Second wave intensifies pressure on Sri Lanka Finance and Leasing companies: Fitch

The risk of a second coronavirus wave, together with weak borrower sentiment in an already fragile operating environment, would put further stress on Sri Lankan finance and leasing companies’ (FLCs) credit profiles, adding to existing pressures on asset quality and profitability, Fitch rating agency said yesterday (20).

These risks will test FLCs’ loss-absorbing capacity, but Fitch Ratings believes that the capital and profit buffers of most Fitch-rated standalone-driven FLCs1 (except for Bimputh, which will experience material capital erosion due to losses) will be adequate to cushion against moderate asset-quality shocks.

Fitch expects Sri Lanka’s real GDP to contract by 3.7% in 2020 due to the pandemic.

“The economic fallout has pressured the FLC sector’s asset quality with the six-months past due non-performing loans (NPLs) ratio spiking to 14.1% by end-June 2020 (1QFY21) (FYE20: 11.4%),” Fitch said.

“The sector’s return on assets turned negative to -2.3% in 1QFY21 (FYE20:1.9%) due to high credit costs.”

A prolonged restriction on vehicle importation and the resultant surge in second-hand vehicle prices are likely to hamper Sri Lankan FLCs’ medium-term growth prospects, Fitch said.

The sector’s loans contracted by 0.2% yoy in 1QFY21 (CAGR of 12% FY15–FY20), and leasing and hire purchases accounted for 55% of the sector’s lending (FYE15:60%).

“We expect underlying asset-quality pressure, that has been building up due to the pandemic, to manifest from 3QFY21 and extend to FY22, as regulatory relief in the form of loan-repayment moratoriums has temporarily halted the recognition of credit impairments for much of this year,” Fitch said.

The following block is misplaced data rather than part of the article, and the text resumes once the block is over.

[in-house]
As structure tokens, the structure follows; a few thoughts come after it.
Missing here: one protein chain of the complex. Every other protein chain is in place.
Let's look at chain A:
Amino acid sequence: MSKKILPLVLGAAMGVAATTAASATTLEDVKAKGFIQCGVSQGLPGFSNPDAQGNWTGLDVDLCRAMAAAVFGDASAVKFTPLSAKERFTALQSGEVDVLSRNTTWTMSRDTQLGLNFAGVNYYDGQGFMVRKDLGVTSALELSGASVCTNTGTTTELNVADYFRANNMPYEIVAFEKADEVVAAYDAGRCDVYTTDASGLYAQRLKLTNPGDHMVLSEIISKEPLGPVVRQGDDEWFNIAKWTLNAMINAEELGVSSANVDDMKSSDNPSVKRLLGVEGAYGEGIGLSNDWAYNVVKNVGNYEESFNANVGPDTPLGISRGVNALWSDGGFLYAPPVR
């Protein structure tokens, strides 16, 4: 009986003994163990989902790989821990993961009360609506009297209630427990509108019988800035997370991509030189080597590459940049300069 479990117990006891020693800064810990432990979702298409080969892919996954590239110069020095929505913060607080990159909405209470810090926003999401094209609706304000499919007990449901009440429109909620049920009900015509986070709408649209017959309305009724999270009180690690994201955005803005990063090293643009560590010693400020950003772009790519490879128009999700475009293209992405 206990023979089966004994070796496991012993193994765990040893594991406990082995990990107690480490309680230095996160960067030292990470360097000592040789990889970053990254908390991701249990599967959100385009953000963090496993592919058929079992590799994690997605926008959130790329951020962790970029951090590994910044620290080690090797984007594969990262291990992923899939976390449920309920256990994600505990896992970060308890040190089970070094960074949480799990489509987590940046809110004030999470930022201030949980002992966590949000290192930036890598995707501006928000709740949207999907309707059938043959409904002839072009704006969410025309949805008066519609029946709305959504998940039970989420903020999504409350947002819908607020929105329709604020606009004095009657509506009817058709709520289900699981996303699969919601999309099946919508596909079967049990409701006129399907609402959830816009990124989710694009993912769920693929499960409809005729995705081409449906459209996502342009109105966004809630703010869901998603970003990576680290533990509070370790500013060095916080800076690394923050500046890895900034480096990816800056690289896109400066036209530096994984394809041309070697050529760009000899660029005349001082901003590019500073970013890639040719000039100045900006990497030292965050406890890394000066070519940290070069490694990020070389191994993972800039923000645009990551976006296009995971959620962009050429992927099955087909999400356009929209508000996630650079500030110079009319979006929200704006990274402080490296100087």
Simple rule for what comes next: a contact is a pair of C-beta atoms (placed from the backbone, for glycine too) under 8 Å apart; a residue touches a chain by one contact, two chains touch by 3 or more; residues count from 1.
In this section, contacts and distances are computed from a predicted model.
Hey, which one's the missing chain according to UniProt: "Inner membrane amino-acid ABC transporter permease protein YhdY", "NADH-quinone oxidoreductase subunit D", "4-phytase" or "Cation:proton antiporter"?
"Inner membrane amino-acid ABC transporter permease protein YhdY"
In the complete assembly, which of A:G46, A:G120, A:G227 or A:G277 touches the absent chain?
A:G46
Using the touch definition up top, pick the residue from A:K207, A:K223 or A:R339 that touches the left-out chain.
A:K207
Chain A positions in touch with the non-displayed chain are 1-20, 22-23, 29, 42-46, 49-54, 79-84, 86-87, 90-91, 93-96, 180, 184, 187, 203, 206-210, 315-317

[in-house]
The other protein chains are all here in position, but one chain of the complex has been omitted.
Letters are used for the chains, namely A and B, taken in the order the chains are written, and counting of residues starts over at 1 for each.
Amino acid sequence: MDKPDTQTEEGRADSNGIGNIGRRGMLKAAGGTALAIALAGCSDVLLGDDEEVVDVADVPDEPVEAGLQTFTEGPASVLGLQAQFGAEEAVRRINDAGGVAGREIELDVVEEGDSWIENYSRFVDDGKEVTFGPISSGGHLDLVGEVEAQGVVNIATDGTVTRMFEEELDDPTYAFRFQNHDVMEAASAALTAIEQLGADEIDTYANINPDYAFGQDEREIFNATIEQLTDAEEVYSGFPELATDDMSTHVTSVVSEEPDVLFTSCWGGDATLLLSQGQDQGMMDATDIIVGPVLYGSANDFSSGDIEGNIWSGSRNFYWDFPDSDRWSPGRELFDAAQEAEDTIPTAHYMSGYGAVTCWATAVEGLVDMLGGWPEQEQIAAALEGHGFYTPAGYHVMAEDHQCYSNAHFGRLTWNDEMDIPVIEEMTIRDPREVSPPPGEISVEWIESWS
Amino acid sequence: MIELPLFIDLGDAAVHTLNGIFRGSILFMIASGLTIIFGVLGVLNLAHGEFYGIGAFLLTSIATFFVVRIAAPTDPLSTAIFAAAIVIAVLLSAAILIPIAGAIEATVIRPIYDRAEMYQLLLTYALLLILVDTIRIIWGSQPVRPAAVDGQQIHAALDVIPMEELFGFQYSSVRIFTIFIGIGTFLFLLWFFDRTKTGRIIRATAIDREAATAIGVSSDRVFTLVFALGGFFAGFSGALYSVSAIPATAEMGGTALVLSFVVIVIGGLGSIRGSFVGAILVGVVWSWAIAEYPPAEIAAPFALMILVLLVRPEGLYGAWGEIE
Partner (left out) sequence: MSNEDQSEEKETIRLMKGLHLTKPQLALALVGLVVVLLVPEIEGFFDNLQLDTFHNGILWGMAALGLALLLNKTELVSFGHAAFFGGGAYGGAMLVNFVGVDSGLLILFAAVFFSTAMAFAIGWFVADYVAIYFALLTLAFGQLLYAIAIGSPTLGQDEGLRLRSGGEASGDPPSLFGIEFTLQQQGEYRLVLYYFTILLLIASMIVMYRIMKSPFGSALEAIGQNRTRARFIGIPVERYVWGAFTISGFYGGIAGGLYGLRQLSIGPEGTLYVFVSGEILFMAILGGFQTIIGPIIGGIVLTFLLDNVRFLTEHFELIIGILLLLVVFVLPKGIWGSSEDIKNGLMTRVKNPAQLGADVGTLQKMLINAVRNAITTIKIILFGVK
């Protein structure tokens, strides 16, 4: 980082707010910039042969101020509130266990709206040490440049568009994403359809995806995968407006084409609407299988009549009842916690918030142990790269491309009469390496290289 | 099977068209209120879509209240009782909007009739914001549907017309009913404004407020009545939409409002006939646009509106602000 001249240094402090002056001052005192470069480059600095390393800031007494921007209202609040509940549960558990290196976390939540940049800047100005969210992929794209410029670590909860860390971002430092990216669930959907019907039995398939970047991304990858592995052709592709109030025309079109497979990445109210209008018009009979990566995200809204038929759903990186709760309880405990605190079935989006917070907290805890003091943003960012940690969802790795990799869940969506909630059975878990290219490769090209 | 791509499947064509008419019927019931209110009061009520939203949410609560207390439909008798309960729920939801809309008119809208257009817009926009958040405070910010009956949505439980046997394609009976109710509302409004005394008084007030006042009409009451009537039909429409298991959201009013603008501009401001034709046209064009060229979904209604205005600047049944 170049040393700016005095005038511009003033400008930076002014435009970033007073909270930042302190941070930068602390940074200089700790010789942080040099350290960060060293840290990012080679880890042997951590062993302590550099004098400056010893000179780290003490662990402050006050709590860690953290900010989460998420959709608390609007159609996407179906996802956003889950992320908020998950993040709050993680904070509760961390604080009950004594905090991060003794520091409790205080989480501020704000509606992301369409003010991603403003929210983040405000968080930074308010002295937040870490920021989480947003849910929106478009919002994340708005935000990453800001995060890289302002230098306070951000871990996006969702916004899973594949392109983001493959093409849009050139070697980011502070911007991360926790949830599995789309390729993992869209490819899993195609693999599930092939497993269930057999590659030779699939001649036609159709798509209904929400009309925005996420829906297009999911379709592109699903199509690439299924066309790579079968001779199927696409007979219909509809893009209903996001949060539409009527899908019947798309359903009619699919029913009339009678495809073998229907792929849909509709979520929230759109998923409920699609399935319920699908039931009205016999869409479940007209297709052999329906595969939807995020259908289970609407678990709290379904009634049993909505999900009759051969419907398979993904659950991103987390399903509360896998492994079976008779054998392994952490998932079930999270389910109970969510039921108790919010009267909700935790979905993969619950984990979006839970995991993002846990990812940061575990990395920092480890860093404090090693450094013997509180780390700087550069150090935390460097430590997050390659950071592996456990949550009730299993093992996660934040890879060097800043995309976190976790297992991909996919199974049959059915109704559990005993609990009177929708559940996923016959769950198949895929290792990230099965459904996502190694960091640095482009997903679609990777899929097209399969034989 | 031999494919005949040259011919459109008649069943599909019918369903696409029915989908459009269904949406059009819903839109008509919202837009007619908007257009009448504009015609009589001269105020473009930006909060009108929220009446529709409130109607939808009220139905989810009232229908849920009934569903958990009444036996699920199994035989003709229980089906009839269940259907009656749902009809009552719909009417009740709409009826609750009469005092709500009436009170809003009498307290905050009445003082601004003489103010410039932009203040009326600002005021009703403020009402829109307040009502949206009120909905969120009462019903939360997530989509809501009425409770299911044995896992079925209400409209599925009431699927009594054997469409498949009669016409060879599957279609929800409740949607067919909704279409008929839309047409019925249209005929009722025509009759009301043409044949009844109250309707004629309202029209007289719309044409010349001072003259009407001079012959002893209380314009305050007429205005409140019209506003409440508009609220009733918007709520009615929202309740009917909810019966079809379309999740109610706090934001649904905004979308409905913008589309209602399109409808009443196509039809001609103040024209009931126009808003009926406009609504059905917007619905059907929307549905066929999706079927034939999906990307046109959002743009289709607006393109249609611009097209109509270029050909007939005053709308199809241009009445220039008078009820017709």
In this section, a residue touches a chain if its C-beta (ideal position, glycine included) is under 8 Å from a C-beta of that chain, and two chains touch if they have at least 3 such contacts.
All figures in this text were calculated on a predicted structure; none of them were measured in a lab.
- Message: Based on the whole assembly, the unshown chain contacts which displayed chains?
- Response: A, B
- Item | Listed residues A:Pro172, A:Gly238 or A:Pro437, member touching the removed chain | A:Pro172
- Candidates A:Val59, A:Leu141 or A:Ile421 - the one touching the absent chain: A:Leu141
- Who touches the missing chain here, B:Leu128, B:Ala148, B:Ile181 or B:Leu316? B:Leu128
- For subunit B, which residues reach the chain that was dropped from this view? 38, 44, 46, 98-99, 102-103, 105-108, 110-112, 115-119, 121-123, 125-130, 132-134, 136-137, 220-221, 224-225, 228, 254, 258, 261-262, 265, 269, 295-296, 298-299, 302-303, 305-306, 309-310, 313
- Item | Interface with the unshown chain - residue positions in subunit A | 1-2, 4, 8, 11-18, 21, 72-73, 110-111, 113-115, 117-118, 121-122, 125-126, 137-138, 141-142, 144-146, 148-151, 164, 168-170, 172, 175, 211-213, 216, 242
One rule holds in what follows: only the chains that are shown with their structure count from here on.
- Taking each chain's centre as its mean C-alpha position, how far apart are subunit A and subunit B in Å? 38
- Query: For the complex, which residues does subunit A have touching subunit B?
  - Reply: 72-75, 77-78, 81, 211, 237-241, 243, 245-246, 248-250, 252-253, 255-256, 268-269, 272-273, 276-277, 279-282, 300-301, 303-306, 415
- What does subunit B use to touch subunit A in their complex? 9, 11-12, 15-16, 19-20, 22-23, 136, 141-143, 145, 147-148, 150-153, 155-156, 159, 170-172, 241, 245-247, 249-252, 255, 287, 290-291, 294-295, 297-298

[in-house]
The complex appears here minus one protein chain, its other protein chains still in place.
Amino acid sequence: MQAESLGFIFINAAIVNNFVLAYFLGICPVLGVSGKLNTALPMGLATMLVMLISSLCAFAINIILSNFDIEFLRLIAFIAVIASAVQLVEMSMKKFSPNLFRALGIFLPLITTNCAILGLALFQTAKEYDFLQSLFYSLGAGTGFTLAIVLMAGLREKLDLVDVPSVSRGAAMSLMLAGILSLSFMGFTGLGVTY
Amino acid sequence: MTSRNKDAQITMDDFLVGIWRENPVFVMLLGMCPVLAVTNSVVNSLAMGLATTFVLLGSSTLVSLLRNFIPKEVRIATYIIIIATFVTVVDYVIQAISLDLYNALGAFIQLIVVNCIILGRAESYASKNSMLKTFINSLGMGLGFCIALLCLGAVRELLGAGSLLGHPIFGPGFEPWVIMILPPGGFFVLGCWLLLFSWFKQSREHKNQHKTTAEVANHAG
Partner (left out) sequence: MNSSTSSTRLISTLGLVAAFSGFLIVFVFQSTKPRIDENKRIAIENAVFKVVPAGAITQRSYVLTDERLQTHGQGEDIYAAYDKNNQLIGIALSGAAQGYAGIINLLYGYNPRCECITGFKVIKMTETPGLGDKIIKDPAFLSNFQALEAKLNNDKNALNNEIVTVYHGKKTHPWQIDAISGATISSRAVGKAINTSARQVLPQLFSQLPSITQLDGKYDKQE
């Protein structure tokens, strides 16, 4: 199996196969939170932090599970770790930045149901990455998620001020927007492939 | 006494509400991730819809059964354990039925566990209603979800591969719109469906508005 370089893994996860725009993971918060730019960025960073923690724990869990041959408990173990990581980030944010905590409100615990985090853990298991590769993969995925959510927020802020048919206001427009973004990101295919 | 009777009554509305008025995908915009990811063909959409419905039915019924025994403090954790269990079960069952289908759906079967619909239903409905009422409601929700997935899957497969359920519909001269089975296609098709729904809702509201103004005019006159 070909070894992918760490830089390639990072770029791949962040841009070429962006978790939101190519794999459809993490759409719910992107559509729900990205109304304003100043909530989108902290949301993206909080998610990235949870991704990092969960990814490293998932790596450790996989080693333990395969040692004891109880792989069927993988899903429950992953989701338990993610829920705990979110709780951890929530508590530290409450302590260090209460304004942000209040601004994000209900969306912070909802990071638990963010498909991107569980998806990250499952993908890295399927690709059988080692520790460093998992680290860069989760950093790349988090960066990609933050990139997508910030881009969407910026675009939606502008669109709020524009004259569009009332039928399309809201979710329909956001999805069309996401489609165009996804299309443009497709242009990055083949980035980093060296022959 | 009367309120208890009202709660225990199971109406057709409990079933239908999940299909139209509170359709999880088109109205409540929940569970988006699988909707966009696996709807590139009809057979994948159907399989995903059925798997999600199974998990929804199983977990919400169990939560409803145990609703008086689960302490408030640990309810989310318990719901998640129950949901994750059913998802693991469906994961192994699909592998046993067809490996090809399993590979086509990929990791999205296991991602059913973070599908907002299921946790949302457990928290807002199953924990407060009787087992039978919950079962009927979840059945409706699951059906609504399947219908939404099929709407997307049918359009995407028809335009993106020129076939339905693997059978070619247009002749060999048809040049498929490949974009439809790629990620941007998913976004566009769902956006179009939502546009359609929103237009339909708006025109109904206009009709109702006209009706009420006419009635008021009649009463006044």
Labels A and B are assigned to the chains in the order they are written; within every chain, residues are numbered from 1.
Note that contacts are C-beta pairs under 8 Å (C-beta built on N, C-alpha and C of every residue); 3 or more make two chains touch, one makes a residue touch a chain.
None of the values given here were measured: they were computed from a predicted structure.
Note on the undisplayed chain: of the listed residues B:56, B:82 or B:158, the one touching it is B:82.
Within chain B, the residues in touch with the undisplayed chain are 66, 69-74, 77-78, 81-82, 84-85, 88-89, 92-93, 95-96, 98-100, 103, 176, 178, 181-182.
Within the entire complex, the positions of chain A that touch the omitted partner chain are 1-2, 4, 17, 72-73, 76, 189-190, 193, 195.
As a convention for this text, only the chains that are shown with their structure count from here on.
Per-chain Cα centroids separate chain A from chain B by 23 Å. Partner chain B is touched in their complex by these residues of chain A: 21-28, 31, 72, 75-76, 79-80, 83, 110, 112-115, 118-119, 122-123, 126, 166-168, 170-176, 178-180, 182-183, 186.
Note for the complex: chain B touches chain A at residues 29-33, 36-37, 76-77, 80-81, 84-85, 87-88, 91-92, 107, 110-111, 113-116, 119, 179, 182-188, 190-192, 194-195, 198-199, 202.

“We believe that most of the FLCs’ borrowers will not emerge unscathed from the economic downturn because they are largely sub-prime,” Fitch added.

It said weak earnings due to rising credit costs and slow loan growth will weigh on FLCs’ internal capital generation and noted this risk is more acute for small FLCs which already have weak profitability buffers, with credit costs consuming more than 70% of their pre-impairment operating profits.

A deadline extension to meet capital requirements and lower loan growth will ease near-term capital pressures for some companies, Fitch said. Out of 38 licenced finance companies in the sector, nine were non-compliant with minimum capital requirements at end-September 2020 and the Central Bank of Sri Lanka (CBSL) has granted an extension to rectify the non-compliance.

Fitch believes THE banks’ diminished appetite to lend to the FLC sector could hurt small-to-mid-sized FLCs in particular, hampering their financial flexibility.

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